relaunching bye wordpress (1 of 2)

i’ve been using wordpress for the last decade or so. it’s been a great tool to host this blog, lots of features, lots of settings that could be tweaked and hacked. it’s a heck of a system. and yet…

…wordpress and i won’t be travelling together in future. it’s just become too much of a hassle to keep it updated and defend it from script kiddies trying to get into the server: wordpress is an active component, a web application running on top of a webserver (nginx in my case) and the PHP interpreter, generating the individual articles from a DB. as an active component it does and in fact must take input from whoever visits the blog:

  • the URL must be parsed and the corresponding article fetched from the DB and rendered
  • from time to time users might want to comment on articles
  • i need to login as admin every so often to OK comments, write articles, update plugins or even update wordpress itself.

each input path is a potential weakness and a latent vulnerability. on top of that each plugin update can all of a sudden render the plugin a vulnerability or, worse, a trojan horse.

having observed this for the last couple of years — and seen a friend’s blog fall victim to an attack that in turn all but killed his company’s internet connection — i started looking for a blog system that would require less maintenance and be less susceptible to attacks, ideally, a setup that would be passive.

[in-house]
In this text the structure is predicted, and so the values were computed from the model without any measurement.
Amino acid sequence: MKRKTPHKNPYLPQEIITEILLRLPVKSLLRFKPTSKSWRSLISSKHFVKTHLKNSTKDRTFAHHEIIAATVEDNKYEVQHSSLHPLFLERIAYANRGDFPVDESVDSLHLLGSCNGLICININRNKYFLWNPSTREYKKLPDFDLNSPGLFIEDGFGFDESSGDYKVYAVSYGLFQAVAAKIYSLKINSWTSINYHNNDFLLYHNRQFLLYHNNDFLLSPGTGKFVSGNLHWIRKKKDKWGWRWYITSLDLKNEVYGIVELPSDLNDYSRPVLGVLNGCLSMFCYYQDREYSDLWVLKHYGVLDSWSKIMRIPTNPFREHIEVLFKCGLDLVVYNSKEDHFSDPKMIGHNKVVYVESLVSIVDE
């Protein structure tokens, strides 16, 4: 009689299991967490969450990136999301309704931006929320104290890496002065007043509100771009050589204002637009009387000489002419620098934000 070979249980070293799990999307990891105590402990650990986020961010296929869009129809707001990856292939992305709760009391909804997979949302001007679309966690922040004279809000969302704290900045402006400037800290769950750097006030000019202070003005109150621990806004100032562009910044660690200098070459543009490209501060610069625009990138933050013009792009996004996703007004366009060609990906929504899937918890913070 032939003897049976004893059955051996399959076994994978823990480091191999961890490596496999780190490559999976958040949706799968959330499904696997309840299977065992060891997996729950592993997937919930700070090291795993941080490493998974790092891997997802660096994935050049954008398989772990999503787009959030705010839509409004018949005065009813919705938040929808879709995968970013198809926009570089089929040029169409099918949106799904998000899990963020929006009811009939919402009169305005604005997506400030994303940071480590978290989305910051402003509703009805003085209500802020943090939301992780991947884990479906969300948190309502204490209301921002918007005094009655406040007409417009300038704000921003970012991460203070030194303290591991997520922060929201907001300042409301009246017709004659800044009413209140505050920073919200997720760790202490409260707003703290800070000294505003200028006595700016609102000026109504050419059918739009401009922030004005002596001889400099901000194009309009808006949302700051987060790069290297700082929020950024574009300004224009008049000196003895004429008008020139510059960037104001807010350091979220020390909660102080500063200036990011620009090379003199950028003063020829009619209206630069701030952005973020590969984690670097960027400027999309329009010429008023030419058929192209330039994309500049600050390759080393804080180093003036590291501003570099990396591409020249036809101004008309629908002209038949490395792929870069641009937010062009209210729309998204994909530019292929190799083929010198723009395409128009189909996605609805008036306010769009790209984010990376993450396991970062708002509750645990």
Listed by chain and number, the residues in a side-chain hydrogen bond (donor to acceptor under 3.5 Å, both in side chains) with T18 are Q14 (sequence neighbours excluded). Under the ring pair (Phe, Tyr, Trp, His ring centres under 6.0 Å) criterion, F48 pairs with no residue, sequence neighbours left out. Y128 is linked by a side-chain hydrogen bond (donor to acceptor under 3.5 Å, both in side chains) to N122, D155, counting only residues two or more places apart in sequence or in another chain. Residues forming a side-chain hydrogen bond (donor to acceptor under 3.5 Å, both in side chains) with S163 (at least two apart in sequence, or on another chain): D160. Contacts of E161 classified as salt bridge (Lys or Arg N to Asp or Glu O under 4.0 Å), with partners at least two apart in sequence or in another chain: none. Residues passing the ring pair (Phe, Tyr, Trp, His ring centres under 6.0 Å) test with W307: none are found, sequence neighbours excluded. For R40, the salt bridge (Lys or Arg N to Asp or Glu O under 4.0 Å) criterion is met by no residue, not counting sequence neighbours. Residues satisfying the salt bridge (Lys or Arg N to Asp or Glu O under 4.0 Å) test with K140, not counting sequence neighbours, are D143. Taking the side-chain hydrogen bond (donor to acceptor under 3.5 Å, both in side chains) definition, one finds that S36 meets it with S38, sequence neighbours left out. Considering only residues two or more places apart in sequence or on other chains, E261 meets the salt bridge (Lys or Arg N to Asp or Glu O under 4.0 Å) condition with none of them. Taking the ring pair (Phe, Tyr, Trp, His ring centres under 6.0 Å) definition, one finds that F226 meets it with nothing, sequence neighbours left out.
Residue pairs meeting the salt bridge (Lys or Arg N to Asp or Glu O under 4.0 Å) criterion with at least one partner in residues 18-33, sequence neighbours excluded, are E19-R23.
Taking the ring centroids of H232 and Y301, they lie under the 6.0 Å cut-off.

as has always been my own private “brain extension” for all things technical, i really don’t have any requirements to support multiple authors. also, i’m a markdown and emacs addict and had, in fact, used a plugin for wordpress to switch wordpress to markdown format. hence, i started looking for a setup that would allow me to write my blog in plain markdown format, process it offline, utilize [git] for version control, and upload it to the server from where it would be served as a set of purely static resources.

it turns out that there are a couple of these tools out there — octopress, hyde, hakyll, acrylamid, pelican, and others — so it came down to choosing which one to use. some of them are using languages that i don’t really like or grok (haskell? ruby?), so that narrowed it down somewhat. in the end i settled on pelican as it’s written in python (which i do grok and love) and has a rather well-endowed set of plugins to use.

so…here we are: switched over to pelican. not yet as finished as i’d like it to be (sidebars are not filled yet, comments need to be enabled again, page titles borked), but a first step. stay tuned :-)